Ans Westra is one of New Zealand’s best known social documentary photographers. Westra was born in Leiden, Netherlands in 1936, she began taking photographs as a hobby in 1954. In 1957, aged twenty-one, she arrived in New Zealand.
Westra had her first photographs published in 1960 - two covers for Te Ao Hou, a magazine published by the Department of Maori Affairs. In 1962 she began working as a full time freelance photographer. Much of her work was for Te Ao Hou and the School Publications branch of the Department of Education.
A School Bulletin publication, Washday at the Pa, that propelled her to national attention in 1964 when it was controversially withdrawn from distribution by the government. This was in response to claims that it reinforced a stereotype of Māori as living in underprivileged circumstances. It was true that the family Westra photographed were materially poor but what the critics overlooked was how Westra captured the warmth of family life and the rich and happy existence of its children.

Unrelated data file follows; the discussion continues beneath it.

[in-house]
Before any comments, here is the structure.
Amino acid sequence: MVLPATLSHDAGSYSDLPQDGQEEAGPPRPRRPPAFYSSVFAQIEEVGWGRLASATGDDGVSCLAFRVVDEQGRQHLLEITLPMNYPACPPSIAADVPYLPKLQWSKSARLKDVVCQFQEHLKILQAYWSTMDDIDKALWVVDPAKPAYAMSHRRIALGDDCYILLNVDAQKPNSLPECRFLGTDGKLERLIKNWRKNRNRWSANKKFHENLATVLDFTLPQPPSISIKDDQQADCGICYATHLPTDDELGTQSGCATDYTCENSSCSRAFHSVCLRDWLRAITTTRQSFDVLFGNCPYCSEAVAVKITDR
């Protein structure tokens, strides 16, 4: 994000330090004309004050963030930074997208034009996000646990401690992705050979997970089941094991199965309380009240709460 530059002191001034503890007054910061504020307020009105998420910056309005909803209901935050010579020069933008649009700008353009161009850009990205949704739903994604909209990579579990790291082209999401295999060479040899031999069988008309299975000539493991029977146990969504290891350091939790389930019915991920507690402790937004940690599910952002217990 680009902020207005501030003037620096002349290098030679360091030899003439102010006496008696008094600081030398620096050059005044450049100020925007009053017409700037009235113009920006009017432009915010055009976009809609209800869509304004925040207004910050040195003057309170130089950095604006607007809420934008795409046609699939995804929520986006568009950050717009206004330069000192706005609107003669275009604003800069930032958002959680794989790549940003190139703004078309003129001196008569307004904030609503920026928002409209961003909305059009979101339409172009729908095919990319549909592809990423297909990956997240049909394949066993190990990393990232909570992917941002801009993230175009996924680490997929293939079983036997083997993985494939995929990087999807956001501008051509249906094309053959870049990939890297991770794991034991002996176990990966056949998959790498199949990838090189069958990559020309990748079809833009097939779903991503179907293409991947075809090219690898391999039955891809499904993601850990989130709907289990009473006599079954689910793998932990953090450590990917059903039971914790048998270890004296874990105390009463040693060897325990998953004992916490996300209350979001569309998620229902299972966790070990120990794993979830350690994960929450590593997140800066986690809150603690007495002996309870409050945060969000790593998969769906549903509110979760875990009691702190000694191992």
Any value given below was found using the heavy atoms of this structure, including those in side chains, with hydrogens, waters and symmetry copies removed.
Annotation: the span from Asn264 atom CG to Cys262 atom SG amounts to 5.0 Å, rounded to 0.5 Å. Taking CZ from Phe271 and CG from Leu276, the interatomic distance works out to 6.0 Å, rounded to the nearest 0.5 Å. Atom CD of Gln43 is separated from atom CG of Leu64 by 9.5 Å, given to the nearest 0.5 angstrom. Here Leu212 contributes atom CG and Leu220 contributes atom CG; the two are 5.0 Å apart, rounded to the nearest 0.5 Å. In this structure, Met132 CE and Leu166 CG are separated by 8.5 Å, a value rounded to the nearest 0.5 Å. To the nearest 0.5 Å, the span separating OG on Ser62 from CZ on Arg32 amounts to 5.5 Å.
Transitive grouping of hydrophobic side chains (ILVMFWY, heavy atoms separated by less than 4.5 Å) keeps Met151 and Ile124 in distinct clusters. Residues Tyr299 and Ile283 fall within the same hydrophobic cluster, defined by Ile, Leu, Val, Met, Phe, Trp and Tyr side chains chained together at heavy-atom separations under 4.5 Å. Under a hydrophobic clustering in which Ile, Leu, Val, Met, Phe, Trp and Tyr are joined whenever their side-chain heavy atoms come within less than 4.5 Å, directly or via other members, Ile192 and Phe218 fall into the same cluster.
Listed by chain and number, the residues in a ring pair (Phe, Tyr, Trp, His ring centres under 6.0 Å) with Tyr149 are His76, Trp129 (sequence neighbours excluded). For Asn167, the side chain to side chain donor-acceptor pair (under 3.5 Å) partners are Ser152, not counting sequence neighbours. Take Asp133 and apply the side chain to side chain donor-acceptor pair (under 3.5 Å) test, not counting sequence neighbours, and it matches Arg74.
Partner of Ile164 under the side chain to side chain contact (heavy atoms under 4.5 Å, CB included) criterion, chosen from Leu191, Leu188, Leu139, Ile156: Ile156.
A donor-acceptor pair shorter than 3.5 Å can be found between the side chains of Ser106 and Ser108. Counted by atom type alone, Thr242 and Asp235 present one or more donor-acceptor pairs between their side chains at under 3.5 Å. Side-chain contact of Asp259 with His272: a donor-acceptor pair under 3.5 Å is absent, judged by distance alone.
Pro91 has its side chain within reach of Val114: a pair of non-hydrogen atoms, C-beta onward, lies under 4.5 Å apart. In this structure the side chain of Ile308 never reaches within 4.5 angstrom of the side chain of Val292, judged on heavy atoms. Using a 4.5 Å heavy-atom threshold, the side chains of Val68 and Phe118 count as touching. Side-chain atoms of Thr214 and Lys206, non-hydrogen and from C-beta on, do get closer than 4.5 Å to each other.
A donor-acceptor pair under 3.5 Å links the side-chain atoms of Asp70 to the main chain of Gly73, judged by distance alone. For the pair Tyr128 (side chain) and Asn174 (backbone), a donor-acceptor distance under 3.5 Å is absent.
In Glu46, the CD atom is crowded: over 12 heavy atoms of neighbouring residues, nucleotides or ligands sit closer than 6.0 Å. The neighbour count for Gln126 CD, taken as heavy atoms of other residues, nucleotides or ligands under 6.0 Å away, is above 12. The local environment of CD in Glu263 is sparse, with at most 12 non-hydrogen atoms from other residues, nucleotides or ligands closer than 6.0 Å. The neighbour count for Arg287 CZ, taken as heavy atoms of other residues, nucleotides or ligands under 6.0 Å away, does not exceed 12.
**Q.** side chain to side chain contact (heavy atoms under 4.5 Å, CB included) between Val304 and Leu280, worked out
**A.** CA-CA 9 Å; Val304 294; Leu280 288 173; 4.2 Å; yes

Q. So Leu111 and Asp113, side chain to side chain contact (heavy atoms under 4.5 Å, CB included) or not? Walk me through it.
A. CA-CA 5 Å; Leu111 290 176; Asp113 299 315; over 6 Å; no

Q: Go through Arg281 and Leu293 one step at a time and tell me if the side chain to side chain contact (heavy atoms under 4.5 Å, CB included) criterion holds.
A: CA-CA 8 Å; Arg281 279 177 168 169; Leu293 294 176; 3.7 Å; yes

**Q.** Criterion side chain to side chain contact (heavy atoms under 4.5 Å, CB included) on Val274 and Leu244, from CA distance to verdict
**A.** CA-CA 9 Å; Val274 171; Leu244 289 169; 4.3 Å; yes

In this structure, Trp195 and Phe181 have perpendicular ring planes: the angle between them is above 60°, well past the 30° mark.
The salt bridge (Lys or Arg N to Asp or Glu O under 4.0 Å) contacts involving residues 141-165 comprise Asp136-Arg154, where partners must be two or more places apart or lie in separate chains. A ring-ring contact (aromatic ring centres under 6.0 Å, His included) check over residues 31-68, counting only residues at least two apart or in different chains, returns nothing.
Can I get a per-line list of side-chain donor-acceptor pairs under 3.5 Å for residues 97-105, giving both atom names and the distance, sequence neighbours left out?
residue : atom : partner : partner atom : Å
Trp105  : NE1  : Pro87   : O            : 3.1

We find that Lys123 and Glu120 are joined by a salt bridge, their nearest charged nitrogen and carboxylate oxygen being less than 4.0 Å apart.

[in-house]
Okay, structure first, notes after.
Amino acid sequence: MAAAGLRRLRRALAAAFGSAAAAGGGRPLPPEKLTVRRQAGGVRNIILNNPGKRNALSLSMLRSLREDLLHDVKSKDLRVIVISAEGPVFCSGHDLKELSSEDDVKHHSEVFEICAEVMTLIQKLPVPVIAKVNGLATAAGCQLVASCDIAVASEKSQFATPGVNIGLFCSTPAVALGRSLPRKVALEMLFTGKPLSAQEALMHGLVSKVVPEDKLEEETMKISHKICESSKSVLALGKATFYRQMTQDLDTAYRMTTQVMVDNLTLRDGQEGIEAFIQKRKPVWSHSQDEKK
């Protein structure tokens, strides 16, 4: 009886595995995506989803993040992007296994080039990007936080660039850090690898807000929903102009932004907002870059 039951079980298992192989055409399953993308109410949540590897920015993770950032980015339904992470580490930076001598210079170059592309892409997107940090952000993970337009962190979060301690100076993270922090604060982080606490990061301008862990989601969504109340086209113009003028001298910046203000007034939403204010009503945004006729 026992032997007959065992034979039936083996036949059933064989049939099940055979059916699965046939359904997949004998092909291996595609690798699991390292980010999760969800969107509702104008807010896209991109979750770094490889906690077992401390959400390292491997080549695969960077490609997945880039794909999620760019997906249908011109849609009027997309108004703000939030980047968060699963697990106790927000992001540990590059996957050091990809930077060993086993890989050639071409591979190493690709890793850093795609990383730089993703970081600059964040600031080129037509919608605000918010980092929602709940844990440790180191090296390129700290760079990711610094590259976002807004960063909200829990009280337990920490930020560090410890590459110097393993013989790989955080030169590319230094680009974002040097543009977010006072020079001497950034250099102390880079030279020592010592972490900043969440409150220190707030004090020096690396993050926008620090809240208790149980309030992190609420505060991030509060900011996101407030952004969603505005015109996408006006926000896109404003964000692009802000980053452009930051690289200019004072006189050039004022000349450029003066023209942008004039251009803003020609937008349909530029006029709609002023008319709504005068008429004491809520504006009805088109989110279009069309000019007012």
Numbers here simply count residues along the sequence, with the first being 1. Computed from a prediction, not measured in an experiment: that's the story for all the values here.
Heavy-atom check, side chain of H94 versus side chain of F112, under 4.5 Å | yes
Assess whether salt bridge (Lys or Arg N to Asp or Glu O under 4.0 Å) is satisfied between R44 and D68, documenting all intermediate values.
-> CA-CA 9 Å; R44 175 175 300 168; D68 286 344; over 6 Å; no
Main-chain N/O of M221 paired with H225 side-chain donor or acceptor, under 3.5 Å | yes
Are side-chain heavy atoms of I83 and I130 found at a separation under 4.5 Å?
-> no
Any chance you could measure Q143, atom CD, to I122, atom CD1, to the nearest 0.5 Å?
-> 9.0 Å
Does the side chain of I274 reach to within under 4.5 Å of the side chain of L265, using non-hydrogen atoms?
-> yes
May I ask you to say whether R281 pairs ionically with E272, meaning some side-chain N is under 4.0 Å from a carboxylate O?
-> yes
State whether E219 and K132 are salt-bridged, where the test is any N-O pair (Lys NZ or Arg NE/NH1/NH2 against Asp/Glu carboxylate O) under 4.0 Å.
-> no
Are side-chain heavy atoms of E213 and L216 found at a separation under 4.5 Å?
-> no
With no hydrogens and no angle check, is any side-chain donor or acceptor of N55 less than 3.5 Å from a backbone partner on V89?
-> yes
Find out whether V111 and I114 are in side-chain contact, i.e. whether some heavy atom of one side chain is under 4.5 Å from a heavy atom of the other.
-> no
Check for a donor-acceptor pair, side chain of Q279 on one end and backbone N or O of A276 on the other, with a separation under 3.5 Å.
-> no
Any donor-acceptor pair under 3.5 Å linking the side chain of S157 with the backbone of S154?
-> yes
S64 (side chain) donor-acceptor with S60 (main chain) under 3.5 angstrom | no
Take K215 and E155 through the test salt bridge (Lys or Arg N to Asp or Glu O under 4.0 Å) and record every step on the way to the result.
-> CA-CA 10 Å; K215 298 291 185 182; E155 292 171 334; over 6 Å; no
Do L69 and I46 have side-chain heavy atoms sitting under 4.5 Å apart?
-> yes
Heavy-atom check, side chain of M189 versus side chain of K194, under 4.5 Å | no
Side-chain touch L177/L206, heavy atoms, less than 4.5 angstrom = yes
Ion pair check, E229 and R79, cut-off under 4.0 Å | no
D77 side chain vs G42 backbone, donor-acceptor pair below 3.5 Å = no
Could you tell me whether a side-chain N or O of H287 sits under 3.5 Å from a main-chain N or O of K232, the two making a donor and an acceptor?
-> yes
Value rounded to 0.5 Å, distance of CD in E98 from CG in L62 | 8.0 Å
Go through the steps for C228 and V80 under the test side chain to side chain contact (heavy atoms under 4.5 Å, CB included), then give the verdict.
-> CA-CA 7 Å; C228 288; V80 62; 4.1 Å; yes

Westra used a medium-format, waist-level viewfinder camera for most of her life. She felt it allowed her to be more unobtrusive: ‘You don’t put it up to your eyes, so you don’t obscure your own vision. People are not nearly so aware of a little box at waist level, so you don’t interrupt your own interaction with the scene, and I interact as little as possible.... people seem to forget about me really.’
In 1998 Westra was awarded the Companion of the Order of New Zealand Merit for services to photography; in 2007 she became an Arts Foundation of New Zealand Icon artist; and in 2015 she received an honorary doctorate from Massey University in recognition of her long-standing contribution to New Zealand’s visual culture.